ATA Airlines Inc. largely blames FedEx Corp. for knocking it out of business this spring. Now, the bankrupt airline is preparing
to fight back by suing the Memphis cargo giant, charging it wrongfully canceled a military-charter contract that generated
hundreds of millions of dollars in revenue for ATA.
"The single event that really impacted ATA's financial status is the termination by FedEx," ATA's chief restructuring officer, Steven Turoff, said in a May 30 meeting with creditors.
Attorneys for ATA and FedEx declined to comment or did not return calls. But filings in U.S. Bankruptcy Court in Indianapolis show the airline has hired the Dallas law firm Haynes & Boone and the Indianapolis law firm Hoover Hull to launch a legal assault on FedEx.
A recent filing calls the potential recovery from successful litigation "one of [ATA's] primary ... assets." The outlook for creditors looks bleak, otherwise. ATA recently listed liabilities of $705 million--including $365 million owed to JP Morgan Chase--and assets of just $250 million. The assets tally doesn't place a value on the airline's claim against FedEx, calling the amount "unknown."
ATA, a unit of Georgia-based Global Aero Logistics, had employed 2,230 before it abruptly shut down April 3 and filed for bankruptcy protection. It was ATA's second bankruptcy filing in four years.
The company had been struggling for months with losses generated by its scheduled service, a problem exacerbated as fuel prices rocketed higher.
But ATA officials say the loss of the FedEx contract was pivotal, wiping out virtually all the airline's military charter business. Through the first nine months of 2007, military charters accounted for about 45 percent of ATA's $555 million in revenue.
ATA had built itself into the nation's largest provider of military charters, ferrying members of the U.S. Armed Forces and their families to and from overseas deployments. It had been part of a FedEx-managed team providing the service for nearly two decades.
ATA's Turoff said in a bankruptcy court filing that FedEx "abruptly and unexpectedly" notified the airline on Jan. 22 that it would not be part of the FedEx team when the new fiscal year started in October 2008.
He contends the cancellation violated the terms of an agreement ATA struck with FedEx in September 2006 that should have kept ATA on the FedEx team through at least September 2009.
The cancellation came at an inopportune time, just as ATA was trying to line up additional capital. Turoff said losing the business "was an unanticipated blow which, with the scheduled-service business already suffering, made the future viability of ATA suspect in the capital markets."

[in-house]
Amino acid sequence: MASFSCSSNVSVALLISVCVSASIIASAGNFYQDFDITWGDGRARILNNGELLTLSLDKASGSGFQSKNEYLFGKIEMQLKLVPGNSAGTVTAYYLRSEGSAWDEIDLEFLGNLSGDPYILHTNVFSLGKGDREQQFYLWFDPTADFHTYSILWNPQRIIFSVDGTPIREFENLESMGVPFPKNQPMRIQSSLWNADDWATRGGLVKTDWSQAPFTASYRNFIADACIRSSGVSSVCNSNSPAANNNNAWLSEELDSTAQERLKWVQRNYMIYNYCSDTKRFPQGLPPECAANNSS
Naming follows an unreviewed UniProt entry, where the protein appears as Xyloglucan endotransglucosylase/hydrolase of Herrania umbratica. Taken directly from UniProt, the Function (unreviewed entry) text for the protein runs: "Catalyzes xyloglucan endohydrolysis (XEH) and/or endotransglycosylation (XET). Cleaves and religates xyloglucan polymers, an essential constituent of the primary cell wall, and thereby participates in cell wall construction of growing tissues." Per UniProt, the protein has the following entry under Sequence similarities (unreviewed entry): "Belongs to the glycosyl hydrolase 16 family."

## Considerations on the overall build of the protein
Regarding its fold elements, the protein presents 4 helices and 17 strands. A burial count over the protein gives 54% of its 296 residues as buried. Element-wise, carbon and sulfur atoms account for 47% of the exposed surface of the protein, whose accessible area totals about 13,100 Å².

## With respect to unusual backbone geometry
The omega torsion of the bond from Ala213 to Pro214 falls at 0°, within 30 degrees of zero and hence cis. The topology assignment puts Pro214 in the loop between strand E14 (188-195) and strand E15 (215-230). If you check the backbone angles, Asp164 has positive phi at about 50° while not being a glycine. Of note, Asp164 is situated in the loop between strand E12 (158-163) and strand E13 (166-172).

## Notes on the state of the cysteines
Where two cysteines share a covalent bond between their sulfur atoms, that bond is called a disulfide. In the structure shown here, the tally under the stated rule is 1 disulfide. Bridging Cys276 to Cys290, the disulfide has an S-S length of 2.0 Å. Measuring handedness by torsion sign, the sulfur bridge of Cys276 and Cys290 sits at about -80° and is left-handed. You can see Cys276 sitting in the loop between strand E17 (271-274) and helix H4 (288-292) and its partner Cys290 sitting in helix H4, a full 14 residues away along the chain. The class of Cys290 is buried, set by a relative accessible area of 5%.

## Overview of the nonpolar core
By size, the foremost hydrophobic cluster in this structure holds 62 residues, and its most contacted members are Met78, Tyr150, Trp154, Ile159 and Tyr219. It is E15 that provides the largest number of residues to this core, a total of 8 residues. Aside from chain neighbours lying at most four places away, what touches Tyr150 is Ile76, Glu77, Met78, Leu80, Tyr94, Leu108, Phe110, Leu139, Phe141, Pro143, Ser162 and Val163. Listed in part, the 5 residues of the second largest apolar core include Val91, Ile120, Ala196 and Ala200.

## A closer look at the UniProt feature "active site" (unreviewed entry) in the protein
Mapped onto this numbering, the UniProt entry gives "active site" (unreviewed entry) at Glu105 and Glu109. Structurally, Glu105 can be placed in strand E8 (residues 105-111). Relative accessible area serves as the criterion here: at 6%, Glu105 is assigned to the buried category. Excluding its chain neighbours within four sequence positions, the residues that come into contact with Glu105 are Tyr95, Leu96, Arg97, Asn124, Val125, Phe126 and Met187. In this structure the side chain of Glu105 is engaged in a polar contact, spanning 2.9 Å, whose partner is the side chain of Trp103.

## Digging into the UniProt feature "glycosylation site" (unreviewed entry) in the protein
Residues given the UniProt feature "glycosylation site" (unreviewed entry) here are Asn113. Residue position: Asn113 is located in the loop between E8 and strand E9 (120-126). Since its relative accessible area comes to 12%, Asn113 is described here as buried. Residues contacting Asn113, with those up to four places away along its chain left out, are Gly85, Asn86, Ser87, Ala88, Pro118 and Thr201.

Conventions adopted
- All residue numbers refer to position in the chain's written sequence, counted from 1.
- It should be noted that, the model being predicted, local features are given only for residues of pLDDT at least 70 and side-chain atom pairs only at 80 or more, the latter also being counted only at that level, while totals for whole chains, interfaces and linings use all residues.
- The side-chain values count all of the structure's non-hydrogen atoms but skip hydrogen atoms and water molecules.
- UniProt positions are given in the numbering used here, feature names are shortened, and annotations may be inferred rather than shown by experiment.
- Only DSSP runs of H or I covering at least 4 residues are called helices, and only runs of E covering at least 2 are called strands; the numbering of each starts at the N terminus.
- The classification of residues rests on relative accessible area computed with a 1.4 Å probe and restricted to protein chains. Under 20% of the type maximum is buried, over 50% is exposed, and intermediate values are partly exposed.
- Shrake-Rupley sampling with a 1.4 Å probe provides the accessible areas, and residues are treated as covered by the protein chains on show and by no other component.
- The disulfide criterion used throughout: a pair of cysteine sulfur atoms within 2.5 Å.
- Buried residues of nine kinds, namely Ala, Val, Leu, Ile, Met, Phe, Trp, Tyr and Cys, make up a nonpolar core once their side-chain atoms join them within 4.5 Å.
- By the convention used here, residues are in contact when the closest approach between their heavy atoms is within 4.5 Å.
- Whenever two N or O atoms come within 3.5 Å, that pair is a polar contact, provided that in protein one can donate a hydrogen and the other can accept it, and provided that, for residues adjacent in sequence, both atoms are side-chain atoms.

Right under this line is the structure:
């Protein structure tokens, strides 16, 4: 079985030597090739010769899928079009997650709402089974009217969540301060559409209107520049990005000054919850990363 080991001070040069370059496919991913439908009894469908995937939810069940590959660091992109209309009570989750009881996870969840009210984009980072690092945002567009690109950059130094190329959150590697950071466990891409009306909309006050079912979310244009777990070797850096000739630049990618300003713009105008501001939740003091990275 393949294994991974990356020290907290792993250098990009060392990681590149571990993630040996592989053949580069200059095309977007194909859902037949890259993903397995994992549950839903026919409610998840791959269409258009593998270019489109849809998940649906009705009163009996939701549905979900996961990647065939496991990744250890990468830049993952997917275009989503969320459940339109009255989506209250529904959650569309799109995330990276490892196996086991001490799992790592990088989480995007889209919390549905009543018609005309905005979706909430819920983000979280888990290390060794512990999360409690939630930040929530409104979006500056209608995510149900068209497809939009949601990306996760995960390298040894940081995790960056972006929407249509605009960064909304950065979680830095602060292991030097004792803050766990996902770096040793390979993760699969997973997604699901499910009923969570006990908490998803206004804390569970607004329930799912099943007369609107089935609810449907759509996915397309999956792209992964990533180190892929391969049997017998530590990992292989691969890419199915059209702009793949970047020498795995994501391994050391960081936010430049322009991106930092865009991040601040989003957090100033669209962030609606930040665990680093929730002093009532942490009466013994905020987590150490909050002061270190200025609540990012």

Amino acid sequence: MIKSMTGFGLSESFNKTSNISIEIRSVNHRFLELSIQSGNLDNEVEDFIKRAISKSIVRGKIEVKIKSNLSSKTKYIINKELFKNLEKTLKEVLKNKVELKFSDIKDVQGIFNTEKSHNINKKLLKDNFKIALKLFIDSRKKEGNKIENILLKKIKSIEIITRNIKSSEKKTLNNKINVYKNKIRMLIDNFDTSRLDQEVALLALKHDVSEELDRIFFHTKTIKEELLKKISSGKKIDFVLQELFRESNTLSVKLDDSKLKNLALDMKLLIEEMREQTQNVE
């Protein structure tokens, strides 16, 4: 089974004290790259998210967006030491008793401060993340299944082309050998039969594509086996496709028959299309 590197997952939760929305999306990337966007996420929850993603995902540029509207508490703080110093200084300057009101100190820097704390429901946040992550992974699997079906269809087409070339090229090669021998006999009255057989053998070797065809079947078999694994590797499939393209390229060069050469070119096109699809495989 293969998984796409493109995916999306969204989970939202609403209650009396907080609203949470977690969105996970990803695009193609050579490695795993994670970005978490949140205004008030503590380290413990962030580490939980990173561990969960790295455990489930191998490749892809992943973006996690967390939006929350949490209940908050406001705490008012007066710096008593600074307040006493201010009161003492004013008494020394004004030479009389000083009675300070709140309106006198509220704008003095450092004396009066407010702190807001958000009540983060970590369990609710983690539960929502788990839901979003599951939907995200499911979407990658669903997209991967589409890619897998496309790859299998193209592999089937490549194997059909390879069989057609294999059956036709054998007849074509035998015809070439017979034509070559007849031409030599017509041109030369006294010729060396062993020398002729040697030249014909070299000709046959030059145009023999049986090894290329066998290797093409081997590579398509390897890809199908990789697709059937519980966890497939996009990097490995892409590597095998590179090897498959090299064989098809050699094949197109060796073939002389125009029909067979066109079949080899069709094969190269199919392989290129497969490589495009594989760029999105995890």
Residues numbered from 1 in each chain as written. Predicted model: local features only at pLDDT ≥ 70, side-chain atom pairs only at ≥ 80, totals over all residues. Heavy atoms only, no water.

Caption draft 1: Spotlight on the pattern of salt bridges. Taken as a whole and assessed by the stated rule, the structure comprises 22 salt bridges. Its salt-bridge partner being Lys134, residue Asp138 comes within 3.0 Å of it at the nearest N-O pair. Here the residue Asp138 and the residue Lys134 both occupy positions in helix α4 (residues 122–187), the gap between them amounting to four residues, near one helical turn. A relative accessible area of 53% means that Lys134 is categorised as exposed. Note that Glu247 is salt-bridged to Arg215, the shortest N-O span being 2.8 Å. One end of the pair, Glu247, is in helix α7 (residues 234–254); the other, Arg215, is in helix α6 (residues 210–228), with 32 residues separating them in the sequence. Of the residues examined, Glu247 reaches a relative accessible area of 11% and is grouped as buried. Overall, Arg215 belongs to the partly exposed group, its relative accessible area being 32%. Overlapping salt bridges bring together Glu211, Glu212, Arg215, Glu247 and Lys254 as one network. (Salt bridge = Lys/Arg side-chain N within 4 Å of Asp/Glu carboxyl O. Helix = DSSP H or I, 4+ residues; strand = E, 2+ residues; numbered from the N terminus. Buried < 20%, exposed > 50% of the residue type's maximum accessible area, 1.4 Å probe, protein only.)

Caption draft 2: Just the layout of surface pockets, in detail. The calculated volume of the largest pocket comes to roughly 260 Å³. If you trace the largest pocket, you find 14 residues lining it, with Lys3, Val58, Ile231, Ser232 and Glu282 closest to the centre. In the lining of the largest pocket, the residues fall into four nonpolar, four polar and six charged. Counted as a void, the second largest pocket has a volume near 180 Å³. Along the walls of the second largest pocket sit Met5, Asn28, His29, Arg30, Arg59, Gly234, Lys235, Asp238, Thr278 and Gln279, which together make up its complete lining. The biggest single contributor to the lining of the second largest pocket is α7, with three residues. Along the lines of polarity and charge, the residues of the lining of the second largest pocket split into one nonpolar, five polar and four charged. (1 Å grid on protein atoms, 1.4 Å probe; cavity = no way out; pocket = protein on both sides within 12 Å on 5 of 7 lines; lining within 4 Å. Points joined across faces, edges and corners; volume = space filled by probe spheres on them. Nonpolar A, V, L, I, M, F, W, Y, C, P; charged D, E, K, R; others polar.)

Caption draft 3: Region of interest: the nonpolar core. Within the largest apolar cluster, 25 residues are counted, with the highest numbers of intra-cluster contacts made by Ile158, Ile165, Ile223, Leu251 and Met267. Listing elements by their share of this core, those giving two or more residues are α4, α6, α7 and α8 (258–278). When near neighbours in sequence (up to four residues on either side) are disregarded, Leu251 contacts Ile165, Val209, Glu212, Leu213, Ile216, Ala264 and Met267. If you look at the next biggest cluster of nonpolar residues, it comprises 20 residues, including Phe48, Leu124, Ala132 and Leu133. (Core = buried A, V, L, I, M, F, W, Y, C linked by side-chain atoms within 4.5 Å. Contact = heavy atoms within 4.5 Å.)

It's murky why FedEx decided to pull the plug on the ATA partnership. Its officials never have publicly explained the decision. However, according to former ATA employees, the airline had been in the "penalty box" for several months because of unreliable aircraft, particularly aging DC-10s it had acquired from Northwest Airlines.
Observers also have speculated that FedEx wanted ATA to go under because the airline was poised to move further into the air cargo business that FedEx dominates.
It's not clear when ATA might move forward with filing a lawsuit. Judge Basil Lorch last month approved the employment of Hoover Hull to work on the suit. It approved Haynes & Boone's hiring earlier this spring.
Airline bankruptcies rarely yield big payoffs for creditors, in part because airlines usually lease many of their planes and own relatively few assets. That's the case for ATA, which owned only three of its 29 aircraft.
ATA's financial underpinnings appear weaker now than when it filed initial bankruptcy papers. Back then, it estimated liabilities of no more than $500 million. Updated figures submitted in late May show liabilities ballooning to $705 million, 41 percent higher.
Liabilities typically grow as a case unfolds, said Ice Miller partner Henry Efroymson, who is representing several creditors in ATA's case.
"When a bankruptcy is filed, claims tend to come out of the woodwork," he said.
The latest figures show some of the assets may be illusory. Those include $69.9 million in credit-card receivables that ATA says it doesn't expect to collect because they cover "flights that were never flown."